Gore Bay club wants bass regulations to remain status quo


GORE BAY—The Gore Bay Fish and Game Club (GBFGC) wants the current Fisheries Management Zone 10 bass regulations to remain status quo.

“We want to keep the regulations as they are currently,” said Chris Robinson, chair of the GBFGC after a meeting last week. “We want the catch limits and (bass season) time frame to remain the same, that’s what the club members are in favour of.” He pointed out, “bass fishing is really coming on (for Manitoulin) and people are catching big bass around the area.”

“I brought up the issue of the proposed bass regulation changes at our meeting last week,” said Jim Sloss of the GBFGC and chair of the United Fish and Game Clubs of Manitoulin. “We encouraged club members and the public to go on the EBR (Environmental Bill of Rights) and indicate they are in favour of option two for the regulation changes as we are quite concerned that the proposed changes could affect Manitoulin Island.”

“Currently they are proposing in one of the options that bass size restrictions would be changed and include Manitoulin,” said Mr. Sloss. “What they are trying to do is reduce the numbers of bass that are normally able to be caught.”

The current MNR FMZ 10 bass regulations include an open season from the fourth Saturday in June to November 30 with a catch and possession limit of six for a sport fishing licence, and two for a conservation fishing licence.

Option one being proposed, with comments to be taken by the MNR until December 15, would see zone-wide regulation, open season from the third Saturday in June to May 15, a catch and possession limit of six for a sport fishing licence and two for a conservation fishing licence, with a size restriction of not more than one fish caught being greater than 40 centimeters (15.7 inches). “Option one supports bass management objectives in FMZ 10 by maintaining one simple, consistent bass regulation for the entire zone and by increasing fishing opportunities with an extended open season. The proposed size restriction would help retain large bass in the population to prevent juvenile populations from dominating the fishery. This option may require an exception for Manitoulin Island,” the EBR notes.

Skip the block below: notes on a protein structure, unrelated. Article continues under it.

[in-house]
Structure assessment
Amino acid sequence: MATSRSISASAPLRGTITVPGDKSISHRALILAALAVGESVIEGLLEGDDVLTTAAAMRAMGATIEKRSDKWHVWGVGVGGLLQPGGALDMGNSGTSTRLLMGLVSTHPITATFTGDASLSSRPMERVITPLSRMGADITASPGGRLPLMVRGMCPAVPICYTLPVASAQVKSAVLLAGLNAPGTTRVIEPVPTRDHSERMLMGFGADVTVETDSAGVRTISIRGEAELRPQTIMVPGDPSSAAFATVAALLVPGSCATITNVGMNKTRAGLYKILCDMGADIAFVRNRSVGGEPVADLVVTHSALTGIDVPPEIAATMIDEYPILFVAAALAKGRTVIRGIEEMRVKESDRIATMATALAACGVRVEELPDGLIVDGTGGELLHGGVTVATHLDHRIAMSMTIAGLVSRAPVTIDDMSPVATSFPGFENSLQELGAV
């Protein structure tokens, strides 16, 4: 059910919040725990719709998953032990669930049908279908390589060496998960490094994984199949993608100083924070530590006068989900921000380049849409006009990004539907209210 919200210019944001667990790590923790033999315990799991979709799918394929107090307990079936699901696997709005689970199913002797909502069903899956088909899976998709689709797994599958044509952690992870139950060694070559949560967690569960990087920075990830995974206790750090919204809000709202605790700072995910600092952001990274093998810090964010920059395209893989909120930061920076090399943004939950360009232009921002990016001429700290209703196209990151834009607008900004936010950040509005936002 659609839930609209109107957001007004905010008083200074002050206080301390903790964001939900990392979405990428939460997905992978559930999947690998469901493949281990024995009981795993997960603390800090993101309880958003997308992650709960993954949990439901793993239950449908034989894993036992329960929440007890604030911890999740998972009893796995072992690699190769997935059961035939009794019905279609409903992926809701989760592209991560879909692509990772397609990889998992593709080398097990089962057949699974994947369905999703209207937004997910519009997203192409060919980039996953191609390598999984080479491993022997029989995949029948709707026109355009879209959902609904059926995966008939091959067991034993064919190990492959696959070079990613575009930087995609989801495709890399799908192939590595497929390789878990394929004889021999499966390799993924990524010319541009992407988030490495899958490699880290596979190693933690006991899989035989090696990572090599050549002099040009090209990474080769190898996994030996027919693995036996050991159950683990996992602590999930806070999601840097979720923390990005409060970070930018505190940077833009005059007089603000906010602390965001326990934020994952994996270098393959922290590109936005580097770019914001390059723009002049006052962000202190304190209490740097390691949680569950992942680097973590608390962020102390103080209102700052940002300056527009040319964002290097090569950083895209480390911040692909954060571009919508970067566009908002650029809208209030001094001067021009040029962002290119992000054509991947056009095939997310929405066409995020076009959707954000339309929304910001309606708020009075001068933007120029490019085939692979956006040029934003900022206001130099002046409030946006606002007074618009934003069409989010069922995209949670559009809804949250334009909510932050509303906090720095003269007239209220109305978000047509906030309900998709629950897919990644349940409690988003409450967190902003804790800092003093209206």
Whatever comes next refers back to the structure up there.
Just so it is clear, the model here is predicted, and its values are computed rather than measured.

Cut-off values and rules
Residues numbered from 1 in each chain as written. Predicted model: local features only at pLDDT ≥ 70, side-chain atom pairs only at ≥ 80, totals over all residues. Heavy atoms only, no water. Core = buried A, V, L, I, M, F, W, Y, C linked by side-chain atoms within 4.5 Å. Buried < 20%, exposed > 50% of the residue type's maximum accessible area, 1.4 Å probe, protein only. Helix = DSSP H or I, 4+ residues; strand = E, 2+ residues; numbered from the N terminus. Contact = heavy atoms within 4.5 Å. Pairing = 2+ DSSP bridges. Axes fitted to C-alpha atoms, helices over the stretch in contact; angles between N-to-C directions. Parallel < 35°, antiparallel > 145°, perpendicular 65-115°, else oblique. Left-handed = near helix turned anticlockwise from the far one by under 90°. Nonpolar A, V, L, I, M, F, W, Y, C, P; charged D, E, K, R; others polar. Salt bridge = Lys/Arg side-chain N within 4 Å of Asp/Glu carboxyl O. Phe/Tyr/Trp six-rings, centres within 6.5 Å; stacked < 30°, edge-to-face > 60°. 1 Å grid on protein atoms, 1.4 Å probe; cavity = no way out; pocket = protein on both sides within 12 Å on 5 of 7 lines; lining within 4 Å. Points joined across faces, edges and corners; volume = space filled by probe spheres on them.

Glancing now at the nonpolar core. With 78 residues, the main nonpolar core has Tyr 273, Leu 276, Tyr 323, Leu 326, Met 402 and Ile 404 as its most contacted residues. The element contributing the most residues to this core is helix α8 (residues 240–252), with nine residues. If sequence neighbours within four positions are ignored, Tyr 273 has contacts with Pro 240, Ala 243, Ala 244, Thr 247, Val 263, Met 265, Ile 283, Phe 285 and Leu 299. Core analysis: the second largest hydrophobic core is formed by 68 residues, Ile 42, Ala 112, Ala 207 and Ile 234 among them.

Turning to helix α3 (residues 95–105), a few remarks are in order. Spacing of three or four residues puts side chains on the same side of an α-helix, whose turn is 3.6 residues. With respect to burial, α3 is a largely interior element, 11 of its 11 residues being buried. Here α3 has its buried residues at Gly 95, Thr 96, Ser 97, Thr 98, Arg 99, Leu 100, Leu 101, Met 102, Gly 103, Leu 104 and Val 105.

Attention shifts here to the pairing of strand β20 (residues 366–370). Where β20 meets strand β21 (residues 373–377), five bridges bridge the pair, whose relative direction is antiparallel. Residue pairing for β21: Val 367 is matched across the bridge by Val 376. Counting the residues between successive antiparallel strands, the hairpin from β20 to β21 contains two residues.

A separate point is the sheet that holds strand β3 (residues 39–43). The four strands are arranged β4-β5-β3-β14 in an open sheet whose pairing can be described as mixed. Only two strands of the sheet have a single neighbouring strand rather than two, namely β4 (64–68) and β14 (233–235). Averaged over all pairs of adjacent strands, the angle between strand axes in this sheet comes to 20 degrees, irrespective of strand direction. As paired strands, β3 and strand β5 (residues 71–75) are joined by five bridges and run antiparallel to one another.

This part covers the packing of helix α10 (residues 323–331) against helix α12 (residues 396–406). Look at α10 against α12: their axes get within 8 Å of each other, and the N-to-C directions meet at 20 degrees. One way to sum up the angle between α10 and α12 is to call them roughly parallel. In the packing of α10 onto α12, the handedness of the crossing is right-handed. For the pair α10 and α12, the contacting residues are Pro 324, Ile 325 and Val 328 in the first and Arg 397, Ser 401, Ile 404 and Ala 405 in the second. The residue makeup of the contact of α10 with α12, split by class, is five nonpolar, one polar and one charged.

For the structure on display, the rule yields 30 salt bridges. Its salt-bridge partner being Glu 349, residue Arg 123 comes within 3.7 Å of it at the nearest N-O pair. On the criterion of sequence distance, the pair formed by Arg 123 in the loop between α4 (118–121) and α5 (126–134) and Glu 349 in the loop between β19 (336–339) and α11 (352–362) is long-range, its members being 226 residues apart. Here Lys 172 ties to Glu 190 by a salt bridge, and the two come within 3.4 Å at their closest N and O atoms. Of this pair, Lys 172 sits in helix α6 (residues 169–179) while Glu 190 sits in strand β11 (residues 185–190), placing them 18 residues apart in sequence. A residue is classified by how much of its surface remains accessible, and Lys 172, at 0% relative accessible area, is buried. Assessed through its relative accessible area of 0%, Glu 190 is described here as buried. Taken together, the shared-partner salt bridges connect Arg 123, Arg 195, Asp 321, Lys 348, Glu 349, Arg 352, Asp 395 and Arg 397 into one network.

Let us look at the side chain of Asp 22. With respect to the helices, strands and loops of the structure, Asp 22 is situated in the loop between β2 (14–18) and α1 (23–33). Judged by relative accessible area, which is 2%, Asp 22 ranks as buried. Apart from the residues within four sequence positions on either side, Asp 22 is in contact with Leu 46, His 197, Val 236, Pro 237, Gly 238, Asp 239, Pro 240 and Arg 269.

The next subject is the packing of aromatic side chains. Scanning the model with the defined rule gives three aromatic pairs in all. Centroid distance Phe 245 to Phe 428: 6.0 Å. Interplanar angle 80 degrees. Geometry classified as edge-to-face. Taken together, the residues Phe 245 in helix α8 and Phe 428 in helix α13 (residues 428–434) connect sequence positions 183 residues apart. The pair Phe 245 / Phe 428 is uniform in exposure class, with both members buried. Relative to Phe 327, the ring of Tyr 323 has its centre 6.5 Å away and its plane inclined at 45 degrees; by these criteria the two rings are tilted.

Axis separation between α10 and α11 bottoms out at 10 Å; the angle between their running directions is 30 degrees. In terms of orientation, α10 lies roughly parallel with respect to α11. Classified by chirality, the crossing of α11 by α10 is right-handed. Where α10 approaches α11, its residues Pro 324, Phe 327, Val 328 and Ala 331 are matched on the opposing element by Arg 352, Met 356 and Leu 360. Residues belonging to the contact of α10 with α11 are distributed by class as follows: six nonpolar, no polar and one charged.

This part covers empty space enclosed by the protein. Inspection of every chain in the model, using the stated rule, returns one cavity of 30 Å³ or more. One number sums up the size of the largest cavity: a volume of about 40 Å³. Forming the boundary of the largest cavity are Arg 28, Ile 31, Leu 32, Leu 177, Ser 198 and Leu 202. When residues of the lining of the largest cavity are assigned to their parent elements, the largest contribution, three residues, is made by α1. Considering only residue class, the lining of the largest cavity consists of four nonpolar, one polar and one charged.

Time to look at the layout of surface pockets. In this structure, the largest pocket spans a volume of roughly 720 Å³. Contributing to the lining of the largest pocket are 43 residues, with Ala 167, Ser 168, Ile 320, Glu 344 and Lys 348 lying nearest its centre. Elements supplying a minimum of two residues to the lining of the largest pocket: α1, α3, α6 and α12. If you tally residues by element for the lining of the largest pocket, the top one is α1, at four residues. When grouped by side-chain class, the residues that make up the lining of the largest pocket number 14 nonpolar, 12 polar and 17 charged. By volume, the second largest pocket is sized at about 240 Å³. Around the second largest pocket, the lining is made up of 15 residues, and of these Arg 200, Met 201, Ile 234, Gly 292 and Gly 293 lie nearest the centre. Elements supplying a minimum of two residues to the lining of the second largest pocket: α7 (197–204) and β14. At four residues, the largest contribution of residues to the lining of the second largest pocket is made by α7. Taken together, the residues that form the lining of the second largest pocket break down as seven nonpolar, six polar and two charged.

Option two (which is favoured by the GBFGC) would see a “split-zone regulation, with an open season all year, catch and possession limits of six for a sport fishing licence and two for a conservation fishing licence. The size restriction would be not more than one fish greater than 40 centimeters (15.7 inches). However, the “exception for option two would be all waters east of where the east bank of the Serpent River crosses Highway 17 and south of Highway 17, including Manitoulin Island will have no size restriction and open season from the third Saturday in June to November 30.”

“Option two is slightly more complex because it divides the zone into two areas: a smaller more southerly landscape, including Manitoulin Island, where bass are considered native, and a much larger northern area where bass have been introduced. A year-round open season in the larger non-native area will expand fishing opportunities, while the proposed size restriction for this area would protect large bass. In the southern native bass range, fishing opportunities would increase with a one week earlier open season. This area would not require a size restriction as the season would remain closed throughout the winter and spawning period when large bass are more vulnerable to angling,” the EBR notes.

The MNR is proposing the changes, as indicated on the EBR, “Bass in Fisheries Management Zone 10: Desired Sport fish or invasive intruder?” It is explained, “smallmouth and largemouth bass provide valuable sport fisheries in many areas of Northeastern Ontario, however, they are not native to much of FMZ 10. Recognizing that introduced and expanding bass populations have negative impacts on native fish communities, the MNR is working with the FMZ Fisheries Advisory Council to develop objectives for the bass populations in the zone and to create potential regulatory options that will help meet these objectives.”

“We are in favour of option two for two main reasons, there would be no size restrictions, and the open season would run from the third Saturday in June to the end of November,” said Mr. Sloss. “We feel there is no reason to change the current regulations. We want to see higher numbers of fish and angling opportunities to young people, and bass are good to eat, and fun to catch; it is where a lot of us started to catch fish.”

Tom Sasvari

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